Q: What is the best form of herbal preparation for my pet?
A: This depends on the situation at hand and the therapeutic approach you wish to take. For example, if your goal is only to find quick, symptomatic relief for your dog's itchy skin, a simple rinse of cooled chamomile tea poured over the skin and coat may bring temporary results. However, if your goal is to treat the same problem internally for more holistic and curative results, you are better off feeding your pet a liquid tincture or tea preparation. In this case, liquid tinctures of one or more liver and digestion-supporting herbs, such as dandelion root and burdock root, would be indicated. Dogs, cats, and other carnivores have shorter intestinal tracts and faster rates of metabolism than humans, so it is important that the herbs you use are delivered in a form that can be absorbed quickly and completely, before leaving the digestive tract.
Q: Should I give herbs with food, water, or on an empty stomach?
A: The method by which an animal is fed an herbal preparation is determined by the situation at hand, your pet's willingness to ingest the herb, and the approach you are taking. If your goal is to use herbs as a nutritional supplement, a sprinkling of dried herbs on your companion's food is usually an effective method of administration. However, if the goal is put the active components of an herb into an animal's body quickly and completely for the purpose of initiating a healing response, then feeding a liquid preparation (a tea or tincture) on an empty stomach will likely be more effective. When feeding herbal liquids on an empty stomach absorption of active herb constituents is maximized. If feeding on an empty stomach proves to impossible possible, you secondary best bet is to dilute the herbal liquid into water, or even a sodium-free meat broth (too much salt can be unhealthy for animals). As a last resort, herb tinctures can be fed with food.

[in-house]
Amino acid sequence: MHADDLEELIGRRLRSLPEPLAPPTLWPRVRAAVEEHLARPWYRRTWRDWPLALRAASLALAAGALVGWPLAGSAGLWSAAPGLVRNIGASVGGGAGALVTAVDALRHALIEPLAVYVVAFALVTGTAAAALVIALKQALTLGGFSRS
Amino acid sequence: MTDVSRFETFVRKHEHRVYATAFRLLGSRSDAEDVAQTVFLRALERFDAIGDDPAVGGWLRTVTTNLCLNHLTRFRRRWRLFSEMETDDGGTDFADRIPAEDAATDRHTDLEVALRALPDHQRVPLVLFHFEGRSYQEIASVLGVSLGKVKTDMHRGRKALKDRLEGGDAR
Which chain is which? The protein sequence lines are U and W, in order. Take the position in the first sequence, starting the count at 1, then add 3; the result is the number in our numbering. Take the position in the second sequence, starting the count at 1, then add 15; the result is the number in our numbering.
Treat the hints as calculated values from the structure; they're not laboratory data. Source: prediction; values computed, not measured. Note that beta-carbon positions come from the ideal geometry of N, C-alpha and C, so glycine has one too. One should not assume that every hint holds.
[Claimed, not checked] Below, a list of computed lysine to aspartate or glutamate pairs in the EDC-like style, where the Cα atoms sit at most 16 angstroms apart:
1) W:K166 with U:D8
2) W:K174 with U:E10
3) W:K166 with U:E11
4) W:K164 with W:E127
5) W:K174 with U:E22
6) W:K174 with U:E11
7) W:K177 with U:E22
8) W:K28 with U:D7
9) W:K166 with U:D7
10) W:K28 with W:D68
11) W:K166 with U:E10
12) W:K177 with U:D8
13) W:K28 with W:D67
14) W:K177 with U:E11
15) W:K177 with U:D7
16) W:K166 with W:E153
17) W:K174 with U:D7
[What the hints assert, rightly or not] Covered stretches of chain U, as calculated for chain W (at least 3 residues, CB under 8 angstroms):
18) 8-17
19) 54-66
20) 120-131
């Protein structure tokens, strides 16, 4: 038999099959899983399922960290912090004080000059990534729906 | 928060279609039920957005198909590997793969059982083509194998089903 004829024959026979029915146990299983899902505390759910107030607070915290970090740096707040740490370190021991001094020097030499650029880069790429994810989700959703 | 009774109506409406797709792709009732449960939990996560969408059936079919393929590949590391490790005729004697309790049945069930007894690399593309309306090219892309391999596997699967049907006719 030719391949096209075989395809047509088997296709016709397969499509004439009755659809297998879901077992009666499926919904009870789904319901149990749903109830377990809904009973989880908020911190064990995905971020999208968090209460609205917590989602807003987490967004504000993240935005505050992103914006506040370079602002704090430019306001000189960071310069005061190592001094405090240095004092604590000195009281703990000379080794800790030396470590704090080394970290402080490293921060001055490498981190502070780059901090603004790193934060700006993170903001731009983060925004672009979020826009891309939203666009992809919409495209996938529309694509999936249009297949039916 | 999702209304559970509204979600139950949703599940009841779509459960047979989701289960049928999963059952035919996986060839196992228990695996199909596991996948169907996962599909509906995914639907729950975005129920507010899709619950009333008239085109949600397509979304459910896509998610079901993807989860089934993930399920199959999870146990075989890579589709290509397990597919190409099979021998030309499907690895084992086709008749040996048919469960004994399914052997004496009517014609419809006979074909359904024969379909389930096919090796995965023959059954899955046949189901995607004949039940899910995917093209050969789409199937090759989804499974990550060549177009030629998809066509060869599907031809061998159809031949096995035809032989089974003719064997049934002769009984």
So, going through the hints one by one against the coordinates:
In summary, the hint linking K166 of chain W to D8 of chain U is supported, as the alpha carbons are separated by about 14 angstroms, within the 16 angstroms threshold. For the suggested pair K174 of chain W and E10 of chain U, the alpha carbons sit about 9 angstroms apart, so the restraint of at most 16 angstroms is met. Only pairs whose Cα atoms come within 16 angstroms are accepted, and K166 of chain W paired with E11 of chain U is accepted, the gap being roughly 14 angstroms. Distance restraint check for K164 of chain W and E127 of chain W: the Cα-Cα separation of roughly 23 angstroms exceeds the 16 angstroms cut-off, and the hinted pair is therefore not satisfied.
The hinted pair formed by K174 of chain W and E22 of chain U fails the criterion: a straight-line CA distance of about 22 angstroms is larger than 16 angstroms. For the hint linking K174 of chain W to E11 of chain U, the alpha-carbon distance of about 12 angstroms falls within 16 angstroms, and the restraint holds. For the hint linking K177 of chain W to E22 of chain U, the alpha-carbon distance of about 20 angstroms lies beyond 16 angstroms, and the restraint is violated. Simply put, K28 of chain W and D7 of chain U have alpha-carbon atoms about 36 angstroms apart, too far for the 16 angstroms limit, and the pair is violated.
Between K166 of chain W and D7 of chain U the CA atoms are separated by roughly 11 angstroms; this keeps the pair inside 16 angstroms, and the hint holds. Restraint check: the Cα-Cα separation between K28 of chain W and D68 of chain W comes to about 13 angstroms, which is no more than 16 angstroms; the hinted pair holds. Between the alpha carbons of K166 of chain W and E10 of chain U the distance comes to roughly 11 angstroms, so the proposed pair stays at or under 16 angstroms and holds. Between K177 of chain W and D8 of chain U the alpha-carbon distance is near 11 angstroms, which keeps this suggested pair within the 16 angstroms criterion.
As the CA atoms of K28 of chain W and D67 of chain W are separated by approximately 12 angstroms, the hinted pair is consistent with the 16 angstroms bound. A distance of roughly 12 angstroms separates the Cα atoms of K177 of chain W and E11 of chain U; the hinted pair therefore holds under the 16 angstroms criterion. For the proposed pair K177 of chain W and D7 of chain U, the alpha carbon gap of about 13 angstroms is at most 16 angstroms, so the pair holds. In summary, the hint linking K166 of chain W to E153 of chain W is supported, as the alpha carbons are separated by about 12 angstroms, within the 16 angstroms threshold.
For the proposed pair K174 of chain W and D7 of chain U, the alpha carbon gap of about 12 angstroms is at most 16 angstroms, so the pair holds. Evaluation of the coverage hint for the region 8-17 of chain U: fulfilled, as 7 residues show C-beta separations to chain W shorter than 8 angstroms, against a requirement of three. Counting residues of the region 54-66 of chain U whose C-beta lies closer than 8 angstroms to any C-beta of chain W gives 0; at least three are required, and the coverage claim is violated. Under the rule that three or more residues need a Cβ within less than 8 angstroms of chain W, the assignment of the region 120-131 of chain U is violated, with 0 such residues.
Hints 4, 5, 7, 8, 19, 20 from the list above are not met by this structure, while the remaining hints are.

Q: Can alcohol-based herb tinctures be safely used in animals?
A: In many cases, yes, they can-- but they should be diluted in water first. Dogs, cats, and most other animals dislike the taste and sensation of alcohol, and will strongly resist administration of these extracts. Also, alcohol extracts that contain large percentages of alcohol (40-95% by volume) can cause damage to delicate membranes in the mouth and throat. Therefore, alcohol tincture doses should be diluted with equal amounts of water before feeding. This presents a problem, as now you will have to get twice as much foul-tasting liquid into the mouth of your companion. You cat people know what I'm saying! For these reasons, we are strong proponents of herbal tinctures that are made with vegetable glycerin, rather than alcohol. Vegetable glycerin is very sweet tasting, and very safe to feed--- even when applied directly into the mouth in undiluted form.
Q: Are any of the culinary I keep in the kitchen useful in the care of my pet?
A: Yes, in fact many of the herbs that we commonly use to season our food can be used as powerful medicines in humans and animals alike. For example, sage and thyme both possess powerful antibacterial qualities that are especially useful for infections of the mouth. Dill, fennel, or peppermint can be effective for relieving digestive gas and the uncomfortable symptoms of colic.
Q: Why does my pet sometimes eat grass or other plants around the house?
A: Animals have been using herbs for millions of years, and much of their instinctive ability to seek out plant foods and medicines remains intact. Dogs and cats eat grass to cleanse their digestive tracts and to supplement their bodies with antioxidant chlorophyll; the green pigment in plants. The question is, what else do our companions need from the plant world that isn't immediately available to them? It is our duty as loving animal guardians to find the answer to this question, and to provide them with herbs they need for health, healing, and happiness.
After all, herbs have been the animals' choice of medicine for millions of years. It's up to caring people like you to do some homework and honor their system of healing.